During the next 10 years, Red Sun Farms based in Kingsville, Ontario, wants to construct 200 acres of greenhouses at the site. The completed facility would create 400 jobs with an annual payroll of $15 million.
[/quote]
OUCH! Good luck winning the argument about light pollution in the rust belt, against the claim of 400 permanent jobs, plus the other jobs involved in constructing these light-monsters.

Wanna bet the tomatoes will be the kind bio-engineered to be picked before they're really edible and artificially ripened into either canning tomatoes or really blah supermarket tomatoes?

At least, that's a long way from Canal Fulton, Ohio where your sig says you live. So is Delta.

[/quote]
We have one about 25miles from me.,I don't "see the light".,the tomatoes are the best in the store.,sorry to say.,

adpotabza

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Re: Large Ohio greenhouses--This...doesn't sound good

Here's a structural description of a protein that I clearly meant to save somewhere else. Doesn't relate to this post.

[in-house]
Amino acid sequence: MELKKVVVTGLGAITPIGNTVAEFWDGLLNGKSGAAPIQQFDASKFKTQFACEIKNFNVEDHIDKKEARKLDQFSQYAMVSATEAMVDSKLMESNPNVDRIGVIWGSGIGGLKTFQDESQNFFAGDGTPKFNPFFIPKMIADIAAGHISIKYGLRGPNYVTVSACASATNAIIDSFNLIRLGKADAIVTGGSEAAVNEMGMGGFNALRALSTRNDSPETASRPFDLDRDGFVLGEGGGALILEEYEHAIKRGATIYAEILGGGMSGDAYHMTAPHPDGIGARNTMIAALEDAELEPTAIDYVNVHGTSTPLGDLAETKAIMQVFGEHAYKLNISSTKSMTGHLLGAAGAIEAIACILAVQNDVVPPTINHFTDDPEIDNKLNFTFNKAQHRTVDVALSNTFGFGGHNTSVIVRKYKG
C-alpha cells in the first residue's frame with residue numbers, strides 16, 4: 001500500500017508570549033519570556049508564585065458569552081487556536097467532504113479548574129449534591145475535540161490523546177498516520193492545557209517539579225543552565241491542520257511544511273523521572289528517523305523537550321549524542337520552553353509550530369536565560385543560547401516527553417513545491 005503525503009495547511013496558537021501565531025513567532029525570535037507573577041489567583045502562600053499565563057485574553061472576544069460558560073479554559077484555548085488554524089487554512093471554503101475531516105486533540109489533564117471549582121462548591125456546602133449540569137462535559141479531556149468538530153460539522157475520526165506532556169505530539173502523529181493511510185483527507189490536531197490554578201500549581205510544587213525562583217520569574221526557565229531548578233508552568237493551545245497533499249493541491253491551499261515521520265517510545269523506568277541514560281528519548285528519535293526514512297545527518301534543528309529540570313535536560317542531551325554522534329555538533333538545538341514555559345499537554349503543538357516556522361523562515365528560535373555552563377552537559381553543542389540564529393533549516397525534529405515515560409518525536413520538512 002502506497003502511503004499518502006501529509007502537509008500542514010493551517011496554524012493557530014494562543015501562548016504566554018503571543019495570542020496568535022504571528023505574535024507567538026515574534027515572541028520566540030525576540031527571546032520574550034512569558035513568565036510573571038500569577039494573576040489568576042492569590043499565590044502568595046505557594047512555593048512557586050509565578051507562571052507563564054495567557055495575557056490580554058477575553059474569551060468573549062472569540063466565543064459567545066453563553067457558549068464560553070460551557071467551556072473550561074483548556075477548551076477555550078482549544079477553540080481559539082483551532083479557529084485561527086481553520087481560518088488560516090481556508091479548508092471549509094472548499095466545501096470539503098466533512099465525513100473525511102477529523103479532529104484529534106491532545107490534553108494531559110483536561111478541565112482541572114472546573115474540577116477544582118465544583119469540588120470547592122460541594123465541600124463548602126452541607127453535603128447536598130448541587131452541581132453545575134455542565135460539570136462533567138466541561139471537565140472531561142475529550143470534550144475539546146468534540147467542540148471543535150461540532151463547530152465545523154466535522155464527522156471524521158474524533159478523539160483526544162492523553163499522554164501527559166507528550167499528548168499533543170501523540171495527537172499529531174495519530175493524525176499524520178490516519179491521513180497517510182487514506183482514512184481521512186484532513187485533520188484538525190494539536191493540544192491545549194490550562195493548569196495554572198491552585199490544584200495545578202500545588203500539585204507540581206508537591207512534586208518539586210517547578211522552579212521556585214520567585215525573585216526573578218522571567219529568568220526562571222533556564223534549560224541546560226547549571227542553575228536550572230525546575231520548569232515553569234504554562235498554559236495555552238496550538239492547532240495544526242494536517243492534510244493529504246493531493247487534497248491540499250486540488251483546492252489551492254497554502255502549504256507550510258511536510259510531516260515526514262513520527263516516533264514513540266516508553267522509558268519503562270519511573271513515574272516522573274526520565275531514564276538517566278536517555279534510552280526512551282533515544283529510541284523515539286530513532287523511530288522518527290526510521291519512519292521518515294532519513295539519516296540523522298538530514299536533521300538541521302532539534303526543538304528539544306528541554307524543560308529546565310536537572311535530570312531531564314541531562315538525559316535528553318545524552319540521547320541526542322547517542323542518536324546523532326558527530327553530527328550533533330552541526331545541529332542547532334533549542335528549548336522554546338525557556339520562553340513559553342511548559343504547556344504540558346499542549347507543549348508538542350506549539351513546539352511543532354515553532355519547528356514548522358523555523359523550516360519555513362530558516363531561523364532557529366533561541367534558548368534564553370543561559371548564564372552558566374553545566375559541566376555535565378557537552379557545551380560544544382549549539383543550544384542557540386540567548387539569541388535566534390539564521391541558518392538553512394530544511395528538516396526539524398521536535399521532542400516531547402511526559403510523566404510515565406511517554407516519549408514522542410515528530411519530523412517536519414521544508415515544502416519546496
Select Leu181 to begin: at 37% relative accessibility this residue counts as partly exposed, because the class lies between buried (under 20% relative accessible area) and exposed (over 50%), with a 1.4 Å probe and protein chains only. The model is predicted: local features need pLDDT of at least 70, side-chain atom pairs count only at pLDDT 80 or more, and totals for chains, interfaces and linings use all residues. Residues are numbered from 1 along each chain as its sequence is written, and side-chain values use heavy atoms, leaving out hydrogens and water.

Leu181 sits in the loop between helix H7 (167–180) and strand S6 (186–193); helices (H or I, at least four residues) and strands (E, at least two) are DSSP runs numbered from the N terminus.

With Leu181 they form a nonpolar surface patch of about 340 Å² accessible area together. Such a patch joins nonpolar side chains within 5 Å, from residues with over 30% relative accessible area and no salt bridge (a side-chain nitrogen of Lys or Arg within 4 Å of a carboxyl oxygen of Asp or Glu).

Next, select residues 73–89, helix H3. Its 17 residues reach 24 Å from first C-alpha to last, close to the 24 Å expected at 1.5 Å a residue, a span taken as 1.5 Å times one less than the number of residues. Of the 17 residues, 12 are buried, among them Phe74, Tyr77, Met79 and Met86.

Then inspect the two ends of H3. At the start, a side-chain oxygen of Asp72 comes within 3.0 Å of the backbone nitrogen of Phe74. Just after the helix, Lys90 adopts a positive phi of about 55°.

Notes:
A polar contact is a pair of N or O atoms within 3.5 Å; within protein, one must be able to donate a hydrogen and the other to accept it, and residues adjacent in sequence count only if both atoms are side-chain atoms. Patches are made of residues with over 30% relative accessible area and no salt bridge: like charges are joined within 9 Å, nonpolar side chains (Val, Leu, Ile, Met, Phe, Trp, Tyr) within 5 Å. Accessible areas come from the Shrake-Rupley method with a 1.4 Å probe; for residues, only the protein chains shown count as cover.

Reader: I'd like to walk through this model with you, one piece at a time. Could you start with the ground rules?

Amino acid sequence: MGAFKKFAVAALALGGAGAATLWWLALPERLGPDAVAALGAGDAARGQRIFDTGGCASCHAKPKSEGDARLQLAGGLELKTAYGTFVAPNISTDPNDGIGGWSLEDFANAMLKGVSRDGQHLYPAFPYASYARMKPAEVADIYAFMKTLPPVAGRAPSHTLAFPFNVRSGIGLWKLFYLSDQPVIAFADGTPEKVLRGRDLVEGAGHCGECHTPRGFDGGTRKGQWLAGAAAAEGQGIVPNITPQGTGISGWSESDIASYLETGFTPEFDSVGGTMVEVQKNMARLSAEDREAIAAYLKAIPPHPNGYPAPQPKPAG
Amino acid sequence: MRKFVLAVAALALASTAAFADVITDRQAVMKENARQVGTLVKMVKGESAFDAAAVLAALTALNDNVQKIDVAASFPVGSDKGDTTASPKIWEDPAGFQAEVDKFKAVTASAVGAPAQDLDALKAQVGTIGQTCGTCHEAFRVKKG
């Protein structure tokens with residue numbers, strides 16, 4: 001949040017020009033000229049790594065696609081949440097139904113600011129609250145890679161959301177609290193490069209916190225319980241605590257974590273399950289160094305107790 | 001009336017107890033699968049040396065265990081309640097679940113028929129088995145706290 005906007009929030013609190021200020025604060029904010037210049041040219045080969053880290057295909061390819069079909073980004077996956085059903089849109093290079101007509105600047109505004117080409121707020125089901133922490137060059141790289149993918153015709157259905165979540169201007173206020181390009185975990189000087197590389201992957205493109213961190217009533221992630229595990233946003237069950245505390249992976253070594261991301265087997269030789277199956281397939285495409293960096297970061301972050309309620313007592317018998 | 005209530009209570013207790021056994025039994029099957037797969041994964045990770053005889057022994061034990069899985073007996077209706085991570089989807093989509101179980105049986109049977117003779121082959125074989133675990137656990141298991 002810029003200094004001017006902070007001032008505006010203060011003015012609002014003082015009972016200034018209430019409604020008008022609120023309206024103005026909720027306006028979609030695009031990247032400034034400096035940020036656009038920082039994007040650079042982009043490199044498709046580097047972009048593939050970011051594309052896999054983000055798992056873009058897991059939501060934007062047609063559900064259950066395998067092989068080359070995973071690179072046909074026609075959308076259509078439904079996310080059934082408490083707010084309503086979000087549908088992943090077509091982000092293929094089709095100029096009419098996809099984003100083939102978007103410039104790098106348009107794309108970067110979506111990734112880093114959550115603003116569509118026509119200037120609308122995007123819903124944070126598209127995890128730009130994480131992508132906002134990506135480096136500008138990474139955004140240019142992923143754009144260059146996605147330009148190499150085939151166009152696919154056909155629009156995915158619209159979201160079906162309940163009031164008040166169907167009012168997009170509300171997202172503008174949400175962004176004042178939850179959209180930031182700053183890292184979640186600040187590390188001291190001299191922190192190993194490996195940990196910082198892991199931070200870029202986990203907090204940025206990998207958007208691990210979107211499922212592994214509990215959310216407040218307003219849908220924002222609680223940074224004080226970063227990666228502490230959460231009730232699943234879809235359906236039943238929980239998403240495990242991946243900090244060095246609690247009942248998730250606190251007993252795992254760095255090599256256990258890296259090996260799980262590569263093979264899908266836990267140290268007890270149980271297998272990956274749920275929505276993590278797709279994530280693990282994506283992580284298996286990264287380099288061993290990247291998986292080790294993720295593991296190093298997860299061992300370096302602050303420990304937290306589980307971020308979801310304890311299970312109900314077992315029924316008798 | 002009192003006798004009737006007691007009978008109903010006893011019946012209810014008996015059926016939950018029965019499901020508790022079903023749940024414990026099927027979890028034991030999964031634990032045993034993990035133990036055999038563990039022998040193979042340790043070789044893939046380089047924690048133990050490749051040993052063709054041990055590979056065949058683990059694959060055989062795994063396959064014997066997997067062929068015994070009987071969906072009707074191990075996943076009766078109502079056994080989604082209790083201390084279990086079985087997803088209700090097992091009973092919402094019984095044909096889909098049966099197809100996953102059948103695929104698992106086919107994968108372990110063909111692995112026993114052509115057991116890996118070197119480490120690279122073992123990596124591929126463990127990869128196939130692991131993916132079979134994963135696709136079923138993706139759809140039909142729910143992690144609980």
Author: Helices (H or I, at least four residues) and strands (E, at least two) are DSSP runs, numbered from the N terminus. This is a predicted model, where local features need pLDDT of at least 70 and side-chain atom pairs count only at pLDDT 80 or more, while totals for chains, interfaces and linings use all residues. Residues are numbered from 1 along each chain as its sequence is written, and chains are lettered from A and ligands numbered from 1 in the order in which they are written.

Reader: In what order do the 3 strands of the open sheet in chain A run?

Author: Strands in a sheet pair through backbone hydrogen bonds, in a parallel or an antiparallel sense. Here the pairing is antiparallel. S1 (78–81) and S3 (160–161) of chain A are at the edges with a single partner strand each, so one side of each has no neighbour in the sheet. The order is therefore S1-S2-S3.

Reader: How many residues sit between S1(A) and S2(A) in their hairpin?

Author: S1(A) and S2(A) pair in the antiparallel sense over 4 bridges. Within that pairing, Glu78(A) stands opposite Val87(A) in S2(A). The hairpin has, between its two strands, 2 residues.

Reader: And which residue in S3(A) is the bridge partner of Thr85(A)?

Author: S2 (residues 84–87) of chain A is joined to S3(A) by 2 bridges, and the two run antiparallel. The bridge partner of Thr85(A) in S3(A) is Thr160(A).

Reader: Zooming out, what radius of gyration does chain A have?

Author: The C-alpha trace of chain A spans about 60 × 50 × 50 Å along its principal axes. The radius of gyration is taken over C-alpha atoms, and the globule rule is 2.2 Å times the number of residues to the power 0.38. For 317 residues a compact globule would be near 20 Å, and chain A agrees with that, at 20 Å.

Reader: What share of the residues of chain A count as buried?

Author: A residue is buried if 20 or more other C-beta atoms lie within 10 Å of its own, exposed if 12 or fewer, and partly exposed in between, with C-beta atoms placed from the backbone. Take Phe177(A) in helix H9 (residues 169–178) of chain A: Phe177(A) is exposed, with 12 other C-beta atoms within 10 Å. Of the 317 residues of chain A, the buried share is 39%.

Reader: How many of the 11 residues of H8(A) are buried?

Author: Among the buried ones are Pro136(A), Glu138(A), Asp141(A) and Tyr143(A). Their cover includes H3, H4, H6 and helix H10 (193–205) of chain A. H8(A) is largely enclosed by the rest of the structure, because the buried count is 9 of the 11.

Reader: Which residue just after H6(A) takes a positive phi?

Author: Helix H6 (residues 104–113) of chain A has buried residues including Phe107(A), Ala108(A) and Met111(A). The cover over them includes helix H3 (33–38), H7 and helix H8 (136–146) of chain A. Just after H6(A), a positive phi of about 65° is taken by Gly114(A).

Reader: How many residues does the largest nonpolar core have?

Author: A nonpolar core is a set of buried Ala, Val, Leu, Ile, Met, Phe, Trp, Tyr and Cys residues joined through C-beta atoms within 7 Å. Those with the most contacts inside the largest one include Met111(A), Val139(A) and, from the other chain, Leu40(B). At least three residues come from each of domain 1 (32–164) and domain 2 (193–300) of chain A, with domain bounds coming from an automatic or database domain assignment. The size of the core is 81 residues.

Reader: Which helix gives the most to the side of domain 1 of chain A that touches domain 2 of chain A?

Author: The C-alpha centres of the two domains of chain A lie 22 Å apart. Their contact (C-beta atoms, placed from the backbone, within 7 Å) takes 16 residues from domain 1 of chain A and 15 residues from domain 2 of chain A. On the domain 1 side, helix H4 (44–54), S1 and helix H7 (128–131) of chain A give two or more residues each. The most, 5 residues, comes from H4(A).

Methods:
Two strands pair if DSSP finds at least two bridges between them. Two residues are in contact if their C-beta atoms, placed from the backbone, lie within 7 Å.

« Reply #11 on: January 11, 2018, 03:31:46 AM »

Zac Purvis

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Re: Large Ohio greenhouses--This...doesn't sound good
« Reply #12 on: January 11, 2018, 07:07:47 AM »
Horrible Phil. Seems like a simple night time roof shield will solve the issue. During the day, retract the darn thing to let in natural sunlight.

Lance Soto

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Re: Large Ohio greenhouses--This...doesn't sound good
« Reply #13 on: January 12, 2018, 12:27:33 AM »

grounincalpay

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Re: Large Ohio greenhouses--This...doesn't sound good
« Reply #14 on: January 12, 2018, 03:20:08 AM »
Thanks for the update, Chuck. I left a comment there.
Clear Skies,
Phil